Damage to St Pauls cathedral during the blitz, 1940.

WRINKLED face, tiny hands with fingernail chips, rolls of new skin, and miniature eyes, nose, and mouth – she’s a newborn. After months of formation, she burst forth into the world and into her family.  “She has her mother’s eyes”, “I can certainly tell who her parents are”, “Now that’s your nose”… relatives and friends gaze into the little face and see her mum and dad.  Mother and Father rejoice in their daughter, a miracle, a new member of the family.  As loving parents, they will protect, nurture, feed, guide, and discipline her.  This is their duty and joy.

God too has children – men and women whom he has chosen as his very own. There have always been individuals marked as his, but with Abraham he promised to build a nation.  Israel was to be God’s country, and her people, the Jews, his very own sons and daughters.  Through the following centuries, there was discipline and punishment, but always love and mercy.  God, the eternal Father, protected and cared for his children.

Obadiah, the shortest book in the Old Testament, is a dramatic example of God’s response to anyone who would harm his children. Edom was a mountainous nation, occupying the reign southeast of the Dead Sea including Petra, the spectacular city discovered by archaeologists a few decades ago.  As descendants of Esau (Genesis 25:19-27:45), the Edomites were blood relatives of Israel and, like their father, they were rugged, fierce, and proud warriors with a seemingly invincible mountain home.  Of all people, they should have rushed to the aid of their northern brothers.  Instead, however, they gloated over Israel’s problems, captured and delivered fugitives to the enemy, and even looted Israel’s countryside.

Obadiah gave God’s message to Edom. Because of their indifference to and defiance of God, their cowardice and pride, and their treachery towards their brothers in Judah, they stood condemned and would be destroyed.  The book begins with the announcement that disaster was coming to Edom (verses 1-9).  Despite their “impregnable” cliffs and mountains, they would not be able to escape God’s judgment.  Obadiah then gave the reasons for their destruction (verses 10-14) – their blatant arrogance towards God and their persecution of God’s children.  This concise prophecy ends with a description of the “day of the LORD”, when judgment will fall on all who have harmed God’s people (verses 15-21).

Today, God’s holy nation is his church – all who have trusted Christ for their salvation and have given their lives to him. These men and women are God’s born again and adopted children.  As you read Obadiah, catch a glimpse of what it means to be God’s child, under his love and protection.  See how the heavenly Father responds to all who would attack those whom he loves.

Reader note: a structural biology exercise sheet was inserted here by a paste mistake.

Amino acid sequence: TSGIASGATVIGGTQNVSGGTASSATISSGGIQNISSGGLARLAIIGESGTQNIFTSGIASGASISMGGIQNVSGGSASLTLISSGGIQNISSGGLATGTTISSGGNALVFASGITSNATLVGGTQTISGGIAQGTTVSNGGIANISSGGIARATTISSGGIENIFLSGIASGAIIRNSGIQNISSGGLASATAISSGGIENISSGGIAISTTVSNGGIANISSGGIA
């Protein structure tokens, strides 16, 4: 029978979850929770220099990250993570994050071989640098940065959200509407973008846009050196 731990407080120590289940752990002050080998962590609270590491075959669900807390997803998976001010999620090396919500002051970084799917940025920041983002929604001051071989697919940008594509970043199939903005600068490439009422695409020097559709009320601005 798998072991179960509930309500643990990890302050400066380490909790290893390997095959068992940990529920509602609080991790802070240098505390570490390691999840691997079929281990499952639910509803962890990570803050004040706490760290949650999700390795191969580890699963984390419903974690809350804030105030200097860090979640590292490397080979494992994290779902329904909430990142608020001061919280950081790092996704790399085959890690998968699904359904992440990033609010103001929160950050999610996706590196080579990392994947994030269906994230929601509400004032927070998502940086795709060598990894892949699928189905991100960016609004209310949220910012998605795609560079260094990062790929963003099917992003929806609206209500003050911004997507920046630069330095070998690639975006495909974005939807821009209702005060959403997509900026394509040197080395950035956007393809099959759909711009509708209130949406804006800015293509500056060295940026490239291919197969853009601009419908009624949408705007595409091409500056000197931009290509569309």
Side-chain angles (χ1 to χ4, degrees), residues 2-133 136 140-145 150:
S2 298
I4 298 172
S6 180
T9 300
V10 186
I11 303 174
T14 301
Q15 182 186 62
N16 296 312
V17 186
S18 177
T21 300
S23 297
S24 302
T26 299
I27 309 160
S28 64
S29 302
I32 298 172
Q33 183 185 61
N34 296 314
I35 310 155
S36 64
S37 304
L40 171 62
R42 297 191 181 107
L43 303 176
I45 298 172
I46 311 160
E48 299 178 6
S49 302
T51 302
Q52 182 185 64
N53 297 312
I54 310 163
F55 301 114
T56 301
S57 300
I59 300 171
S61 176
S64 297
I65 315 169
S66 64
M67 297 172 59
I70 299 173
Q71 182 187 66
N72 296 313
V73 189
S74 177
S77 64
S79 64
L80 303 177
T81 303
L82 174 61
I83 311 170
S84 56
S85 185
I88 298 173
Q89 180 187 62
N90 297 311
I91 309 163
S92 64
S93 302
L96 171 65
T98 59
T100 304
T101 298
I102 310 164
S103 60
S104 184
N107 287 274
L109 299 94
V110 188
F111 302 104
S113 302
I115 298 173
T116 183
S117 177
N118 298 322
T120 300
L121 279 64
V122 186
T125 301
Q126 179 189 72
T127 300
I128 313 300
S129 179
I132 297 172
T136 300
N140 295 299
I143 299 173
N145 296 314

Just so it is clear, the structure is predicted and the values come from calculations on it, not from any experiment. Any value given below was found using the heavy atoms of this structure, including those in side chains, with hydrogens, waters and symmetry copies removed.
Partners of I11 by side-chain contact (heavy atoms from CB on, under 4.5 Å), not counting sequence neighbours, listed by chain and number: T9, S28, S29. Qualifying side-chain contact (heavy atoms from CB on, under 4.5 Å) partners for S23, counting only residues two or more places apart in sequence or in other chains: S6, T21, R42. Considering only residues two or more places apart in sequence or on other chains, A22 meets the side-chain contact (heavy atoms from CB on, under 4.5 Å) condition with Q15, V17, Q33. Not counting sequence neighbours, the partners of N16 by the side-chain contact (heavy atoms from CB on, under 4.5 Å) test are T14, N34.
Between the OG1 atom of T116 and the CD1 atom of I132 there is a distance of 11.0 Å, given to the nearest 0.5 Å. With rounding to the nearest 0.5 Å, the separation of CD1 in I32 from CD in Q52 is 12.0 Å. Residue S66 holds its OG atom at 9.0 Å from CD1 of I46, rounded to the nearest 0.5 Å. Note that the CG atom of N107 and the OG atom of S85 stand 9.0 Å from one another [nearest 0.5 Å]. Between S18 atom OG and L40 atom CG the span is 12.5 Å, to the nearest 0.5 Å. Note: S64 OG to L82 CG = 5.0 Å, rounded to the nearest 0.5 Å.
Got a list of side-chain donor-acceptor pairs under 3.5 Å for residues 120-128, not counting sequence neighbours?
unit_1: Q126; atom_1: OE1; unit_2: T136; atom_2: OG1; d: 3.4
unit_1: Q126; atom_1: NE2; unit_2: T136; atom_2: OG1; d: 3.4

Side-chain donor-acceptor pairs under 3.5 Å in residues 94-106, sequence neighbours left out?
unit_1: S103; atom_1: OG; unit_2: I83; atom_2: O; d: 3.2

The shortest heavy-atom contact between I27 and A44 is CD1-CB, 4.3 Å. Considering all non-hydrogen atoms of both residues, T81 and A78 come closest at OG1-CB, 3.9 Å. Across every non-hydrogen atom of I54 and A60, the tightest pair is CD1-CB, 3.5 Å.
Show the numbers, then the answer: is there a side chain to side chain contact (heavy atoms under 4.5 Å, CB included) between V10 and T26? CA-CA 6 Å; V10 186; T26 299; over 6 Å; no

PURPOSE: To show that God judges those who have harmed his people

AUTHOR: Obadiah. Very little is known about this man, whose name means “servant (or worshipper) of the LORD”

TO WHOM WRITTEN: The Edomites, the Jews in Judah, and God’s people everywhere

DATE WRITTEN: Possibly during the reign of Jehoram in Judah, 853-841 B.C., or possibly during Jeremiah’s ministry, 627-586 B.C.

SETTING: Historically, Edom had constantly harassed the Jews. Prior to the time this book was written, they had participated in attacks against Judah.  Given the dates above, this prophecy came after the division of Israel into the northern and southern kingdoms and before the conquering of Judah by Nebuchadnezzar in 586 B.C.

KEY VERSE: “The dayof the LORD is near for all nations. As you have done, it will be done to you; your deeds will return upon your own head” (verse 15).

KEY PEOPLE: The Edomites

KEY PLACES: Edom, Jerusalem

SPECIAL FEATURES: The book of Obadiah uses vigorous poetic language and is written in the form of a dirge of doom.



The book of Obadiah shows the outcome of the ancient feud between Edom and Israel. Edom was proud of her high position, but God would bring her down.  Those who are high and powerful today should not be overconfident in themselves, whether they are a nation, a corporation, a church, or a family.  Just as Edom was destroyed for her pride, so will anyone who lives in defiance of God.

  1. Edom’s destruction (1-16)
  2. Israel’s restoration (17-21)




EXPLANATION: Obadiah predicted that God would destroy Edom as punishment for standing by when Babylon invaded Judah. Because of their treachery, Edom’s land would be given to Judah in the day when God rights the wrongs against his people.

IMPORTANCE: God will judge and fiercely punish all who harm his people. We can be confident in God’s final victory.  He is our champion, and we can trust him to bring about true justice.



EXPLANATION: Because of their seemingly invincible rock fortress, the Edomites were proud and self-confident. But God humbled them and their nation disappeared from the face of the earth.

IMPORTANCE: All those who defy God will meet their doom as Edom did. Any nation who trust in its power, wealth, technology, or wisdom more than in God will be brought low.  All who are proud will one day be shocked to discover that no-one is exempt from God’s justice.






©Kingsway International Church, 1973.


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